Travel can be limited these days. Thankfully, art awakens memories. My latest monoprint collage series considers reflecting memories. I use a matrix that evokes the shape of skyscraper buildings with numerous windows to create artwork that encourages memory of other places and times.
The role of windows
My obsession with reflection started early. As a child, I would visit the National Art Museum in Washington, D.C. to see the work of American photorealism painter, Richard Estes. I marveled at all of the facets of life he could capture in one view. During the 1970s, the District did not have tall glass buildings. Reflections were limited to the Reflecting Pool. (Remember that amazing scene from Forrest Gump?)
Now that I am an adult, the tallest building in the place I live has few windows and stands only six stories. When I visit cities — New York, Chicago, Vancouver, Barcelona — I am always looking for glass buildings and what they reflect. This usually means I am blocking the sidewalk trying to get just the right photographic image.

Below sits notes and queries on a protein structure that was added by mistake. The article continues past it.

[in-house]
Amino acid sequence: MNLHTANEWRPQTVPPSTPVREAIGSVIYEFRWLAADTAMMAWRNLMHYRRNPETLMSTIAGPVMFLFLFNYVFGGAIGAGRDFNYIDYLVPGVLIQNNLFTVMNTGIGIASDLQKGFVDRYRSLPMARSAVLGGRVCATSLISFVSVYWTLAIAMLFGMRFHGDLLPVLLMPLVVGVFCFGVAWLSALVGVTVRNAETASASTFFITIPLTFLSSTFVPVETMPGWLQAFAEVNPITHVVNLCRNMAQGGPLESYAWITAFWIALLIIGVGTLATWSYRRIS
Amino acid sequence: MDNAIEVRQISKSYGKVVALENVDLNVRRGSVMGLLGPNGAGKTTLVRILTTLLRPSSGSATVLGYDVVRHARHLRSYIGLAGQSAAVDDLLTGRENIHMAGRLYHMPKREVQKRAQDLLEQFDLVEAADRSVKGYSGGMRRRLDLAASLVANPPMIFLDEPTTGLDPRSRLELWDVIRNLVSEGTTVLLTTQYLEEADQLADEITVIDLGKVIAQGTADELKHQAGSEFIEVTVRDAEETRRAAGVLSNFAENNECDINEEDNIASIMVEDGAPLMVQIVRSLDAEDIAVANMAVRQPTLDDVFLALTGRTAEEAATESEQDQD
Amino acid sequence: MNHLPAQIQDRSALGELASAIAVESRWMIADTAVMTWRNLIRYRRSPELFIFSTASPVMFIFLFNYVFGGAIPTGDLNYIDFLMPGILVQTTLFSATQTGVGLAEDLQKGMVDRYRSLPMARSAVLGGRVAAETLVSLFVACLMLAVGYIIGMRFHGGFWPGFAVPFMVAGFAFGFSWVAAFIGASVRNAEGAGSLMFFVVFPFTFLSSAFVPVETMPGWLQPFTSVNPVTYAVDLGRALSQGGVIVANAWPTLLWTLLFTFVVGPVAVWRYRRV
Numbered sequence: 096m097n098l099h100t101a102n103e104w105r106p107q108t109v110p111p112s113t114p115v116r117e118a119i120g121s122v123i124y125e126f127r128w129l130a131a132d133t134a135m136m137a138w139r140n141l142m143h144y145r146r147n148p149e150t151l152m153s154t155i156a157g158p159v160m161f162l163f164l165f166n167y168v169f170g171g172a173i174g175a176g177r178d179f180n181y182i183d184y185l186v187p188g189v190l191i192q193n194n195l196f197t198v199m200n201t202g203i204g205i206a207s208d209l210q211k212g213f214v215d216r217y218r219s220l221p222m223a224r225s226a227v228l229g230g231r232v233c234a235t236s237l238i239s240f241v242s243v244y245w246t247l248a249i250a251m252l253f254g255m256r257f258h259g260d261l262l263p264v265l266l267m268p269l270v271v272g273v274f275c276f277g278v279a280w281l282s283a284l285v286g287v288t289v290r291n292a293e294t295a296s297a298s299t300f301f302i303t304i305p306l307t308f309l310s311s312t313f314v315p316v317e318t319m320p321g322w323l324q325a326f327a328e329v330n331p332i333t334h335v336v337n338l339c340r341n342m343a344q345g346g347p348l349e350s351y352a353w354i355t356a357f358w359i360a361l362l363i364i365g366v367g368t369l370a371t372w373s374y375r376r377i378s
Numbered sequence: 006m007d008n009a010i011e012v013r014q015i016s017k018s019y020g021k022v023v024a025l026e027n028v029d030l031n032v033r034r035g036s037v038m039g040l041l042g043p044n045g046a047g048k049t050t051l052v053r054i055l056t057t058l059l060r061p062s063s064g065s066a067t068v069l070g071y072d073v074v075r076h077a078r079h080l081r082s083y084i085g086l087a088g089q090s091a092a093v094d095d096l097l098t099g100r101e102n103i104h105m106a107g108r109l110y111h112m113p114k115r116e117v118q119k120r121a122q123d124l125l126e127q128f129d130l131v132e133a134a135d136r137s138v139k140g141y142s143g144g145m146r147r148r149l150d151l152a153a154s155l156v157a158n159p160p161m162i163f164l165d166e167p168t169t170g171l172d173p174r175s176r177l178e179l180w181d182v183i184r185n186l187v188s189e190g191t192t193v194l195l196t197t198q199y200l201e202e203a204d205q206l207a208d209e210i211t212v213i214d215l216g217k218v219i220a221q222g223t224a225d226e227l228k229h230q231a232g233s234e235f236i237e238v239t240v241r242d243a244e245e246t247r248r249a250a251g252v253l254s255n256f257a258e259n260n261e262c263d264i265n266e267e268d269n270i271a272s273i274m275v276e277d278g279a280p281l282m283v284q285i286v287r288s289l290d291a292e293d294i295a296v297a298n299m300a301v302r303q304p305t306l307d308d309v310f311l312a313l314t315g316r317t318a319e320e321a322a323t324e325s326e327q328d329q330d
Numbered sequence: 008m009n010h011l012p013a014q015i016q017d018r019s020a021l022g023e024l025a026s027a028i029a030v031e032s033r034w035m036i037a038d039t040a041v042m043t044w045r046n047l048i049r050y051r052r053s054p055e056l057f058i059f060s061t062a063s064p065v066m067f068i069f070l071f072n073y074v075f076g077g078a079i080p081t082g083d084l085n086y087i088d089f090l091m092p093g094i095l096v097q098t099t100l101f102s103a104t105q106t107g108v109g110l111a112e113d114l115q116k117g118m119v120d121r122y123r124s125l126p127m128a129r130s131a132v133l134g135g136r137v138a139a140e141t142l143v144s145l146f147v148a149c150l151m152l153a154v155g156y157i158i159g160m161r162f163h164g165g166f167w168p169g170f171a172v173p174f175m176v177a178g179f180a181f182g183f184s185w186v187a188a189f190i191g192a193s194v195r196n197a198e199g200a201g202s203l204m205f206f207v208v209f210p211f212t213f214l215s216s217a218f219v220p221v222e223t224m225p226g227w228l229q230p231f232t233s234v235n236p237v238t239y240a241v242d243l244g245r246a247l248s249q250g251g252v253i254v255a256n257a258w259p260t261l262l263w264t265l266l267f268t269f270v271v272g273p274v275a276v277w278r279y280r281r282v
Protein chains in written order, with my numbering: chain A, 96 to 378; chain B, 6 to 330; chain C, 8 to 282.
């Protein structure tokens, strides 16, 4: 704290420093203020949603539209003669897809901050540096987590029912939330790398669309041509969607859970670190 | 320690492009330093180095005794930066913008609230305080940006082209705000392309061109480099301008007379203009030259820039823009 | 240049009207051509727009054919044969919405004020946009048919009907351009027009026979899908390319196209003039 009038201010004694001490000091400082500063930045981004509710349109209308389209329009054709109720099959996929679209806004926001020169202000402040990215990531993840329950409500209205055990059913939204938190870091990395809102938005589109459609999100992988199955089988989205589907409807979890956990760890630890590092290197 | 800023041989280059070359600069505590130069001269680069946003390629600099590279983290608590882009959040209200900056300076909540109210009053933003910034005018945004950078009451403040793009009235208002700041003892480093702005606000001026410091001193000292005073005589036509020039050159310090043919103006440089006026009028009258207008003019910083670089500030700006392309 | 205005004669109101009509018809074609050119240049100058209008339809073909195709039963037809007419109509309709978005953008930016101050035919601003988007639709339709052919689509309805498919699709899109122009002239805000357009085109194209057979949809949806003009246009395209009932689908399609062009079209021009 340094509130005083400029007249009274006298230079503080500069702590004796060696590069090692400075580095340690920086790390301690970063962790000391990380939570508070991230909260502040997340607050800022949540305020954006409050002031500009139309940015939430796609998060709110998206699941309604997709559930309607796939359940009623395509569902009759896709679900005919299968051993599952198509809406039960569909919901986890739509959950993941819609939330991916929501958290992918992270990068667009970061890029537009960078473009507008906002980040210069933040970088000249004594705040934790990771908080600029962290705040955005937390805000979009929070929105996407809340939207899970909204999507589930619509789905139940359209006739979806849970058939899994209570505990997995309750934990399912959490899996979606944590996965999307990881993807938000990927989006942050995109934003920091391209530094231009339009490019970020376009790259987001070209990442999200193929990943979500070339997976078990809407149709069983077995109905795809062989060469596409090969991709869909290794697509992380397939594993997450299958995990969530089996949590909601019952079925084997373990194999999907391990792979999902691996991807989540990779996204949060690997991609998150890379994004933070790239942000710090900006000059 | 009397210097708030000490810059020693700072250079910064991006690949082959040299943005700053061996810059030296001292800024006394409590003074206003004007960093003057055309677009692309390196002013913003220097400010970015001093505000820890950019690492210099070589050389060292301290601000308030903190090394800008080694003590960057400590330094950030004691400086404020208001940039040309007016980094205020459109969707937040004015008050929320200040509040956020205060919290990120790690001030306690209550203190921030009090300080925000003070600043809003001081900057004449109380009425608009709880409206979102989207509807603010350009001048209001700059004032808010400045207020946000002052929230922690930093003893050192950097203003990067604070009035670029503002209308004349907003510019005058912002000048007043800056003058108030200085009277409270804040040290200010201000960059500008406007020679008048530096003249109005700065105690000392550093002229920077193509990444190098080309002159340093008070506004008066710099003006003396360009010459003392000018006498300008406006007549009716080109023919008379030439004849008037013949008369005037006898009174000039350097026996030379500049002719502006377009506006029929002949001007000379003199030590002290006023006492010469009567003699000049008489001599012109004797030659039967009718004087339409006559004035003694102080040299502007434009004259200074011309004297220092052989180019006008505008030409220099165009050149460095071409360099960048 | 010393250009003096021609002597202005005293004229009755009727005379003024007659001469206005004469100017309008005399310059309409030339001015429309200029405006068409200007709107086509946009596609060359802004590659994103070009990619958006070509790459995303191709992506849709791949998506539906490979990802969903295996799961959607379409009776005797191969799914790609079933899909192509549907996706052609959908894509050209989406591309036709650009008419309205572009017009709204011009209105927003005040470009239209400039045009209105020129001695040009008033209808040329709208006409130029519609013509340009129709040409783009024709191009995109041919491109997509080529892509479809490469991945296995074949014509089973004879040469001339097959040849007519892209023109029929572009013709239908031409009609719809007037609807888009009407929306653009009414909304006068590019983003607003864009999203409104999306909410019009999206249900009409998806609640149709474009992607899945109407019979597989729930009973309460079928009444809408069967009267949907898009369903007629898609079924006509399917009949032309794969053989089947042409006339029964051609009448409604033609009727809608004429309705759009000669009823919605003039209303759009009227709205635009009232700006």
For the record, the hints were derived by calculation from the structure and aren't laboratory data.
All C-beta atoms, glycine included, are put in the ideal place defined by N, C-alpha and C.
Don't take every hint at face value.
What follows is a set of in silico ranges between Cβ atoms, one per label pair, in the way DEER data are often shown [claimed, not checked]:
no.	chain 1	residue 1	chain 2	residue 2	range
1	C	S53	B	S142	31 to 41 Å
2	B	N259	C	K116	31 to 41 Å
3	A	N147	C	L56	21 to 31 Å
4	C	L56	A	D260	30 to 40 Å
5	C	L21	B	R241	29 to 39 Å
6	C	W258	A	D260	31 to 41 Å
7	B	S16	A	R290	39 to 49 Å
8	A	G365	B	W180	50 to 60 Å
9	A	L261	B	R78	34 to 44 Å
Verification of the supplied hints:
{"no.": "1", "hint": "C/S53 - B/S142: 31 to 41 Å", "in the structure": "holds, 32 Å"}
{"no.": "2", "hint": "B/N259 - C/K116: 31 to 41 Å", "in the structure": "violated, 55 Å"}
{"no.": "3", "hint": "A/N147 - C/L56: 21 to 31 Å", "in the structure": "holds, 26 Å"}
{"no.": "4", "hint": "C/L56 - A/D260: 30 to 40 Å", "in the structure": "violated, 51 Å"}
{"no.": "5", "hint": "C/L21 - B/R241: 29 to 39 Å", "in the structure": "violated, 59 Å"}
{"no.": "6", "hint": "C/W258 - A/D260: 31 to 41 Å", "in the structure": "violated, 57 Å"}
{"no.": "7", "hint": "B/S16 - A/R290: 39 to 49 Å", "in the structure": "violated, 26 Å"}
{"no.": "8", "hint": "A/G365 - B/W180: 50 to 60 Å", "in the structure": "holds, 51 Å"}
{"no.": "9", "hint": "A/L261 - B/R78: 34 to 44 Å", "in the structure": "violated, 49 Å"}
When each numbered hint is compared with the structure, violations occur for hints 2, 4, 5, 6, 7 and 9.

Light cloaks what is inside
The searing June sun in Barcelona created some of the most memorable reflections. Old buildings appeared rippled in new glass bricks, where the occupants are enrobed privately in air conditioning. In this strange time of pandemic, I am reminded that people live in these vast buildings, and often feel separated from the nature that is outside.
Reflections allow you to think about other times, in the past or in the future. On of my all time favorite linocuts uses reflection to talk about hope, something I truly crave right now.
What stories do you tell about what is inside, and what is reflected? Where do you find hope?